Monday, March 30, 2009

Parrot Raises the Alarm for Toddler

A Quaker parrot was recently honored by the Red Cross for saving the life of a toddler. It was Willie's cries of alarm which alerted his owner that the toddler was choking on her breakfast. Megan Howard had left the room when the parrot noticed the toddler was choking and yelled "MAMA, BABY" over and over.

Megan then dashed back to find the little girl turning blue and performed the Heimlich maneuver. Hannah is fine today, thanks to the alarm cried out by Willie.

Video story is at this link:

Thursday, March 26, 2009

Something Silly for Thursday

Just something silly, but really, with a title like that, it's a natural...

Wednesday, March 25, 2009

Reunion: A Soldier and Her Dog

Read the full article in the Star-Tribune...

Ratchet, the dog from Iraq, welcomes the soldier who rescued him.

Army Specialist Gwen Beberg fought the military to get the dog out of Iraq. Beberg had adopted Ratchet after fellow soldiers rescued him from a pile of burning trash. The pet's unconditional love proved a comfort to Beberg during a difficult stretch.

The two were reunited in Minnesota when Beberg completed her tour of duty, and their happy reunion made it clear that the bond that helped each survive Iraq was mutual.

Friends, family and supporters gathered at the VFW Post to witness the reunion, as well as to pay tribute to Beberg for her service. "I wish every soldier in the world, past, present and future, came home to a welcome like this," she said.

Then she made a pitch for supporting Operation Baghdad Pups, a branch of SPCA International that rescues dogs and cats adopted by U.S. military personnel. More than 50 pets have been relocated to the United States.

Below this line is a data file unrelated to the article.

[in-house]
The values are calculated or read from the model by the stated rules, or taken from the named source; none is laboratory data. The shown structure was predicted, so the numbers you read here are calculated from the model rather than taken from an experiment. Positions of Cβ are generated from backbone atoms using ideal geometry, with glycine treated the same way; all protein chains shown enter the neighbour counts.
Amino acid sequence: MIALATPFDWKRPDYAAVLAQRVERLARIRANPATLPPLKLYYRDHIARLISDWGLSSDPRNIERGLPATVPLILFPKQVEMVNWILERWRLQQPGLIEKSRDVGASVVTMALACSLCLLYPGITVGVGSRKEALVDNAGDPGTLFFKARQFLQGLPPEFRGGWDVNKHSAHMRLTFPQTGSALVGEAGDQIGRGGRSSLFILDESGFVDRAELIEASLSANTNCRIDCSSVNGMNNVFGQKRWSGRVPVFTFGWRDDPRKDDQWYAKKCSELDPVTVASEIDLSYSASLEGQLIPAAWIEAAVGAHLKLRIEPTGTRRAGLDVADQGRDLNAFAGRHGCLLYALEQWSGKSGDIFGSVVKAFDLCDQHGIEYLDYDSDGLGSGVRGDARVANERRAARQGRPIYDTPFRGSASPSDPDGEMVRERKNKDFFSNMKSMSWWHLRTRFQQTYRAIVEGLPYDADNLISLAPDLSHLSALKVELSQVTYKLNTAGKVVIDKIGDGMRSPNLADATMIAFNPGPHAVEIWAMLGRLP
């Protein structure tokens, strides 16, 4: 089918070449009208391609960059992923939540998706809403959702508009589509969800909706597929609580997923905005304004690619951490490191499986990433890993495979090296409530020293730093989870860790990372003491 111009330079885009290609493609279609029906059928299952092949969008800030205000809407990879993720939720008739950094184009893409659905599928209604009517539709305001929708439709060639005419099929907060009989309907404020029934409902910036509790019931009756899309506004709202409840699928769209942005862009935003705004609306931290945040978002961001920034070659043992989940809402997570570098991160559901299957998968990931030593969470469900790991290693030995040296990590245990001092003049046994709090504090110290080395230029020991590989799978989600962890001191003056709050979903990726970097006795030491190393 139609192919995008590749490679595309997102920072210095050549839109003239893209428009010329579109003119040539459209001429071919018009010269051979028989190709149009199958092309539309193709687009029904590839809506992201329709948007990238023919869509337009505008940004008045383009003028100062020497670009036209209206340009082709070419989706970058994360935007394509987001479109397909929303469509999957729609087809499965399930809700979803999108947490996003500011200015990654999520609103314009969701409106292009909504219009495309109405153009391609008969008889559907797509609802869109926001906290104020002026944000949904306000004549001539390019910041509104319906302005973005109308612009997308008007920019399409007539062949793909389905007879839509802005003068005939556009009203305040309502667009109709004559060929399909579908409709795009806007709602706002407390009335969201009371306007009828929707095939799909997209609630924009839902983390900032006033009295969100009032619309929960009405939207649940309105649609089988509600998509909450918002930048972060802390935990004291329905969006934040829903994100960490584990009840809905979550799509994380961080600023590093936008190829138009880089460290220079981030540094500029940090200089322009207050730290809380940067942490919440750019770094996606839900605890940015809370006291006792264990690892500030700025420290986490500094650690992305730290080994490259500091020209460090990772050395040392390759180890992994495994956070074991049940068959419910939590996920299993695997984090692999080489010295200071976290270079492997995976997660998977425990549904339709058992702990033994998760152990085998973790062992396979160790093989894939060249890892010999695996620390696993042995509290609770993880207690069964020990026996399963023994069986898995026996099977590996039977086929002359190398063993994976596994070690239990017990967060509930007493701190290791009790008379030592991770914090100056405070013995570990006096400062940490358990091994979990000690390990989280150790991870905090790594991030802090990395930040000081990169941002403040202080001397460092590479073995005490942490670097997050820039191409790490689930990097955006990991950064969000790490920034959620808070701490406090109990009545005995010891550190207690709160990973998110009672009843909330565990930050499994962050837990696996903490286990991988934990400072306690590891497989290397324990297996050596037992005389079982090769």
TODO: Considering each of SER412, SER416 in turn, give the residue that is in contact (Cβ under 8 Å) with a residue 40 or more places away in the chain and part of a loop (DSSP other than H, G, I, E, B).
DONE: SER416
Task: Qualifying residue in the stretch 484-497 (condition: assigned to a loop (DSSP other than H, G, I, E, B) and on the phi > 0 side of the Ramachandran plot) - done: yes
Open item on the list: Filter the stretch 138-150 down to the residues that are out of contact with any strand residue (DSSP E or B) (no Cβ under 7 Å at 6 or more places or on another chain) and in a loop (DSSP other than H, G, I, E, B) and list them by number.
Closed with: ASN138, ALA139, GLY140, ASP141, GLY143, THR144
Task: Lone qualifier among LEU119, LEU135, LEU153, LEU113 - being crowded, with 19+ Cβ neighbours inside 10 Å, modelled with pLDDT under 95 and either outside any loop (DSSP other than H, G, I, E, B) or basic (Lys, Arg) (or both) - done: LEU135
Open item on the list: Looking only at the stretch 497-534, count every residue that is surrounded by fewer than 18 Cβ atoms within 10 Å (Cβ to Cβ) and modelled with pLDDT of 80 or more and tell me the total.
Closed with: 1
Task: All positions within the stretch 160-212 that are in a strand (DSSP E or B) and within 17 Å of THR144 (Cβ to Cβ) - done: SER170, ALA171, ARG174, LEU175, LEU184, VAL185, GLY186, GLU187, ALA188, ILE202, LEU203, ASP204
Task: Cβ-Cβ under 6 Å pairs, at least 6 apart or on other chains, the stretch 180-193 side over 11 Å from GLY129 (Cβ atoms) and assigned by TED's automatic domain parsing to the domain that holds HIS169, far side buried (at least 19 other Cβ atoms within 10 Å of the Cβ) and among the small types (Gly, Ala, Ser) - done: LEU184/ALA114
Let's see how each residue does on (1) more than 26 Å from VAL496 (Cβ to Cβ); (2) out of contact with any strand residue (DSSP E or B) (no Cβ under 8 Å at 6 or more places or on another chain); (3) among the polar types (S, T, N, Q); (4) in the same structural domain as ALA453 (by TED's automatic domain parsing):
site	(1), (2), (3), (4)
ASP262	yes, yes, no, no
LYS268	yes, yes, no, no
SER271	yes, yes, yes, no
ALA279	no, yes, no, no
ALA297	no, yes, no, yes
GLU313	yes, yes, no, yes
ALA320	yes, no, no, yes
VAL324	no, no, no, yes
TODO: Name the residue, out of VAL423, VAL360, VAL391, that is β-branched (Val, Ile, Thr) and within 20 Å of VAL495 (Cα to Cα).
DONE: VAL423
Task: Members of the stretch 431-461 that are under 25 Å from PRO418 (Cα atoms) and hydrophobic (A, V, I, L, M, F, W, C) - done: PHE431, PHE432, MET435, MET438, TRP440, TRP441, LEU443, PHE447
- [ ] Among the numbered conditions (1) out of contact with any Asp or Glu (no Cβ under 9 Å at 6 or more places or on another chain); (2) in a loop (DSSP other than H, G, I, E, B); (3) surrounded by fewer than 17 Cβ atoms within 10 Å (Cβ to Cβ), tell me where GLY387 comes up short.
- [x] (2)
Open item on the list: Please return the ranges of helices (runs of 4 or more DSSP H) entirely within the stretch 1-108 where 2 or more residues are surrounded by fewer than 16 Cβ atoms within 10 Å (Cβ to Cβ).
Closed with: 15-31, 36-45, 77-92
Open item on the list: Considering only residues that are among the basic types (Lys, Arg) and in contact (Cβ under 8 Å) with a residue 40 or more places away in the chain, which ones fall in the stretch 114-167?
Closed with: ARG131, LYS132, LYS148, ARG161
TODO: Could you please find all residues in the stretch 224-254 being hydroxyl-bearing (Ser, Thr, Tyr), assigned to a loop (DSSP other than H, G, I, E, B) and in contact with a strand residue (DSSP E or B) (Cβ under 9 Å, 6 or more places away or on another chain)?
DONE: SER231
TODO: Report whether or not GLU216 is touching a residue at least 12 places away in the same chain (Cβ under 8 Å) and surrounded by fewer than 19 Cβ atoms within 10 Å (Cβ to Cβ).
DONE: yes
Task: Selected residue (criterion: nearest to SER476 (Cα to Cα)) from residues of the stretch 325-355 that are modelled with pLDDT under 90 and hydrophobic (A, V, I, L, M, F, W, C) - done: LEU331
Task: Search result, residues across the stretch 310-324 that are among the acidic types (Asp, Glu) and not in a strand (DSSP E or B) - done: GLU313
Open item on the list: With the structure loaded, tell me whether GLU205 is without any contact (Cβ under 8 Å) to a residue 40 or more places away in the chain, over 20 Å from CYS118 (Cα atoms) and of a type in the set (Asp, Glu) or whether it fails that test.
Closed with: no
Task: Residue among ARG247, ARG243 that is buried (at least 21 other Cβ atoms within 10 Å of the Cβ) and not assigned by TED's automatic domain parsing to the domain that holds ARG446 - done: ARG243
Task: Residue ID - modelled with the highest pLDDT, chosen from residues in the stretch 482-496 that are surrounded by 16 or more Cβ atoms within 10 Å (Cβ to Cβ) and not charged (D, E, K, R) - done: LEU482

Monday, March 23, 2009

Guest Speaker

Words are failing me today, so I will turn to an audio segment by Jack Paar, from 40 years ago...   

From Jack Paar and His Lions. (Still looking for this film!)

Friday, March 20, 2009

Why I Do It

I was recently asked, since you are against bans on "exotic" pets, what do you feel a "wild" animal has to gain by being made "domestic"?

What do I think the animals have to gain? A place to live, mostly. There just isn't that much "wild" left anymore. Siberian tiger numbers in the wild are down to what, 400 now? There used to be 13 times that many tigers owned by people just in Texas!

A place to live and a loving environment is my vision. Just as important is education of our general society. Look at the story of Christian, how much good that has done. If the ban on owning a lion had been put into place 4 years earlier, none of it would ever have happened.

Bear in mind that my point of view includes the idea that an animal should not be treated as a mere possession. People should be educated and qualified to take care of any animal. I can point out plenty of people who really shouldn't own dogs, but they do. But that's OK in society's eyes because dogs are common animals and therefore acceptable. But when people regard a dog as just a thing, or just a burglar alarm, or something that is supposed to switch off when they want it to, the dogs suffers for it--and so do people. When I started researching dog attack statistics the other day, I was really surprised by the extent of the problem.

I believe the terms "domesticated animals" and "wild animals" are based on myths. There are plenty of dogs I wouldn't get within 20 feet of, and lions and tigers I would gladly hug. The proper terms are "socialized" and "not socialized". There is work that must be done to socialize any animal, even the ones labeled "domesticated": the work of establishing a proper relationship. When you look at the details of the lion Christian's life in London, you see that Ace and John socialized this lion very well, without taking away any of his natural personality (George Adamson later remarked that they had not "de-lion-ized" him). And when they brought Christian to George Adamson for a life in Africa, Adamson had to "socialize" Christian in the ways of lions' society. Christian was neither wild nor domesticated; he was socialized in the ways of two different societies.

I have talked firsthand with people who have lions, tigers, cougars, or other big cats. Their love and devotion to their animals is obvious, and the animals return the same. This is what I want to stress in my articles here--that animals think, feel, and love just as strongly as you do. If you treat them as a fellow personality, they will respond.